Where did this sense of shame come from?  They were naked before and knew no shame.  God created them, male and female, and God called His creation good.  Why they are they ashamed of their bodies?  Was there some physical change that suddenly made them shameful?  Did the Tree of the Knowledge of Good and Evil add 50 pounds, fast?  If that were the case, then all we would need to do to lose this shame is return to the ideal physical form, whatever that may be.  While I could stand to lose a few pounds, I don’t think that will take away my shame before God.  So what were they ashamed of?

Donald Barnhouse writes in his commentary on Genesis, “It was not skin nakedness that they discovered, but the nakedness of their dead souls… When sin came there was nothing left of righteousness and they were naked indeed.  We must not think of this as a change from blissful innocence of nakedness to a conscious knowledge of it, but from glory to nudity.”

Their shame came from the loss of glory, and while they had always been physically naked, now there was a spiritual nakedness, too.  This was not an embarrassment over a lack of clothing.  It came from deep within, from a fear of exposure, of being really seen, known as a sinner, a rebel from the ways of God.  I think this is a shame we all share.  We know our sins, they are ever before us.  While it would be humiliating to be exposed physically before others, to have my soul laid bare before God and man is truly terrifying.

D.A. Carson writes in The God who was There, “You cannot hide moral shame with fig leaves… You cannot undo the loss of innocence. It cannot be undone.  We cover ourselves in shame.  There is no way back to innocence.  In the Bible, there is only a way forward – to the cross.”

You see, even in the fall we have a glimpse of the Gospel.  God provides a cover for Adam and Eve’s sin and shame with garments of skin (Gen 3:21), presumably that of a lamb.  The first sacrifice for our sins was made by God.  And the final, perfect, sacrifice for our sins, to finally remove the guilt and shame, would also be made by God.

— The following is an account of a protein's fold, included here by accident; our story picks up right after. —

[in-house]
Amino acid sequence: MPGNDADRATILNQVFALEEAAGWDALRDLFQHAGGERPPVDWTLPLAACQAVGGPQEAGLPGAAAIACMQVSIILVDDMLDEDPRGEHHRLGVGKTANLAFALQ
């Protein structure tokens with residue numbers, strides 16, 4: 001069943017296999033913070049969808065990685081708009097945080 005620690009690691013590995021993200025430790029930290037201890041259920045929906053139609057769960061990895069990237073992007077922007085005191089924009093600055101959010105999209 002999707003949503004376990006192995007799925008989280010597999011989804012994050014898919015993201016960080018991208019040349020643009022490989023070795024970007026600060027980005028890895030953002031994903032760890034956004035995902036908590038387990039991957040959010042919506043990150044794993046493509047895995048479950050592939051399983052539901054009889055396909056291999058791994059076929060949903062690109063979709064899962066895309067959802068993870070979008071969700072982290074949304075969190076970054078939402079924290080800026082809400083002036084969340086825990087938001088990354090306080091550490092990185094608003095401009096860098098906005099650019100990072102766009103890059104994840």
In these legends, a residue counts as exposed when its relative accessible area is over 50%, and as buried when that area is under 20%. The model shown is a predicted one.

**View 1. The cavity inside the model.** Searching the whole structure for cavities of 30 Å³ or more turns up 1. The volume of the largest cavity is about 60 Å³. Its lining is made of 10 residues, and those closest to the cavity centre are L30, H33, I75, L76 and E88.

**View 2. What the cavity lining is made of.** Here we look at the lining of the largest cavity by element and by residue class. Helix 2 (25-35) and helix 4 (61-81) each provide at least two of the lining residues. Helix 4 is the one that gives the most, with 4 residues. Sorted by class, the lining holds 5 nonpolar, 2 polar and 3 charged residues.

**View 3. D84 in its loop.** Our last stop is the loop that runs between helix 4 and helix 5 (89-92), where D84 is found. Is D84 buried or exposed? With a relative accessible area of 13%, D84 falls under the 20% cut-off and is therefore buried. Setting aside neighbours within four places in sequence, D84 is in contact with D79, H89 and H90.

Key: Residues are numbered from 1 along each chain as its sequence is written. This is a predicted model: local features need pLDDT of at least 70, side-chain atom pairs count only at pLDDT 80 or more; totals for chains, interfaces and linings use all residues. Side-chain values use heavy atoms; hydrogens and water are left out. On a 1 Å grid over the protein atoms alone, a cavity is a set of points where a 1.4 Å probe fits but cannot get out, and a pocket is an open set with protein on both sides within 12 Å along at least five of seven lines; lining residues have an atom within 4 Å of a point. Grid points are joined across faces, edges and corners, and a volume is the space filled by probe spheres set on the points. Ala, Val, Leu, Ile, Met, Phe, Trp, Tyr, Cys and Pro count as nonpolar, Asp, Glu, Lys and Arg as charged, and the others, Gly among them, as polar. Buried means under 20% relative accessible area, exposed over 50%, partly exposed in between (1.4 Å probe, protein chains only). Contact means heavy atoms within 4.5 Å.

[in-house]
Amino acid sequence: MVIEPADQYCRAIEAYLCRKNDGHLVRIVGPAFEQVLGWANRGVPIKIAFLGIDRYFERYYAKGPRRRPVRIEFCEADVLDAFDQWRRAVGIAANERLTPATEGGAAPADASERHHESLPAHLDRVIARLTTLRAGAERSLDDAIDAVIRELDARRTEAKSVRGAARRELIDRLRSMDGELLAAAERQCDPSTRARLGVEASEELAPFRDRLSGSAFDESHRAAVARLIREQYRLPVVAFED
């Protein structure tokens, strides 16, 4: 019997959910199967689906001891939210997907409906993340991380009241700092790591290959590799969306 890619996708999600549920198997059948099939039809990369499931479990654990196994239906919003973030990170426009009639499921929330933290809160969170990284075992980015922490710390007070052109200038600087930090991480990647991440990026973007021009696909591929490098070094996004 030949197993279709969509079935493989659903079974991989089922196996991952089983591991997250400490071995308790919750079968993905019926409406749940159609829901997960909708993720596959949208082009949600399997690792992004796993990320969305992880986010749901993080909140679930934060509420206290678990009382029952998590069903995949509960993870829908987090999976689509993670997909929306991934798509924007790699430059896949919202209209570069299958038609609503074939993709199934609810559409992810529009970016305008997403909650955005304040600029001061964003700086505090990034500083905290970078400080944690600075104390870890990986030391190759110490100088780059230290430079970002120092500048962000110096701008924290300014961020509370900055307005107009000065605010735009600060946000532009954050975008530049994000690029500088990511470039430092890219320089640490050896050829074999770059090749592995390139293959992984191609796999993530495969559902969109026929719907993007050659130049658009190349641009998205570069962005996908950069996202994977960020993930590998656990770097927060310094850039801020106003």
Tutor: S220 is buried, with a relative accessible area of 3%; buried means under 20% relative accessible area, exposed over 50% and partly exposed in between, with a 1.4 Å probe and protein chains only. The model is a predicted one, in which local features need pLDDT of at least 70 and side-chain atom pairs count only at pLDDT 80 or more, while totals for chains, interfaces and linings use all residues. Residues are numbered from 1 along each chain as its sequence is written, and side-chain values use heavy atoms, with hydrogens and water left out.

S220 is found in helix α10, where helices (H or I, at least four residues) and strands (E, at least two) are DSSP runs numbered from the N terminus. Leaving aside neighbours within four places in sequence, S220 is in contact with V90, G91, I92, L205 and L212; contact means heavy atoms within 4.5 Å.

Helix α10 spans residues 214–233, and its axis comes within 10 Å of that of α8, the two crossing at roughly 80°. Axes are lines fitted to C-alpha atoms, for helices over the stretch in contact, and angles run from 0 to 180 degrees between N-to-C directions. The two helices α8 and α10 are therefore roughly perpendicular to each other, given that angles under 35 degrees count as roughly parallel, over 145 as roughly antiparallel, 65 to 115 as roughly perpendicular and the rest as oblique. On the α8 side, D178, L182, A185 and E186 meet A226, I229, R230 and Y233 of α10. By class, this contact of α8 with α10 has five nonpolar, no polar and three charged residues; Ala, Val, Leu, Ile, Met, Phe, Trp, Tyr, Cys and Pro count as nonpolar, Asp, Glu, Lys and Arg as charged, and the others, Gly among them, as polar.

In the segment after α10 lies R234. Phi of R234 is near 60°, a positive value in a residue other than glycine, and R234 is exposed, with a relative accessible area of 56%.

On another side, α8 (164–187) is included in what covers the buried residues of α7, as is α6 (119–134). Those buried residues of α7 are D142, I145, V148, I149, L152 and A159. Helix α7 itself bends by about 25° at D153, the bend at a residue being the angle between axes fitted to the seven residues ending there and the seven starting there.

John tells us that in Christ, the Word of God became flesh and dwelt among us (John 1:14).  That very thing which brings us shame, the flesh, the body, Christ took upon Himself so that He could take our shame away.  1 Peter 2 says, “He has borne our sins in His body upon the cross.”  Isaiah 53:4 says, “He has borne our griefs and carried our sorrow.”  Every consequence of sin has been put upon Christ and has been answered in Him as well.  The debt has been paid.  Sin in has been atoned.  The dividing wall of hostility has been torn down.  The chains have been broken.  Death has been defeated.  Judgment has been satisfied.

He came in the flesh to take away our guilt and shame, not so that we can go back to being naked, but so that we could be further clothed in glory (2 Cor 3:18, 5:4).  The glory for which we were created, the glory we lost in sin, the glory whose absence is our shame, has been restored and magnified in our Savior Jesus Christ.  When we come to Him in faith, laying down the “fig-leaf” attempts at self-righteousness and trust in His perfect, complete, and eternal righteousness, then we will begin to know the freedom from guilt and shame deep in our souls.

“Man of Sorrows,” what a name
for the Son of God, who came
ruined sinners to reclaim!
Hallelujah! What a Savior!

Bearing shame and scoffing rude,
in my place condemned he stood;
sealed my pardon with his blood:
Hallelujah! What a Savior!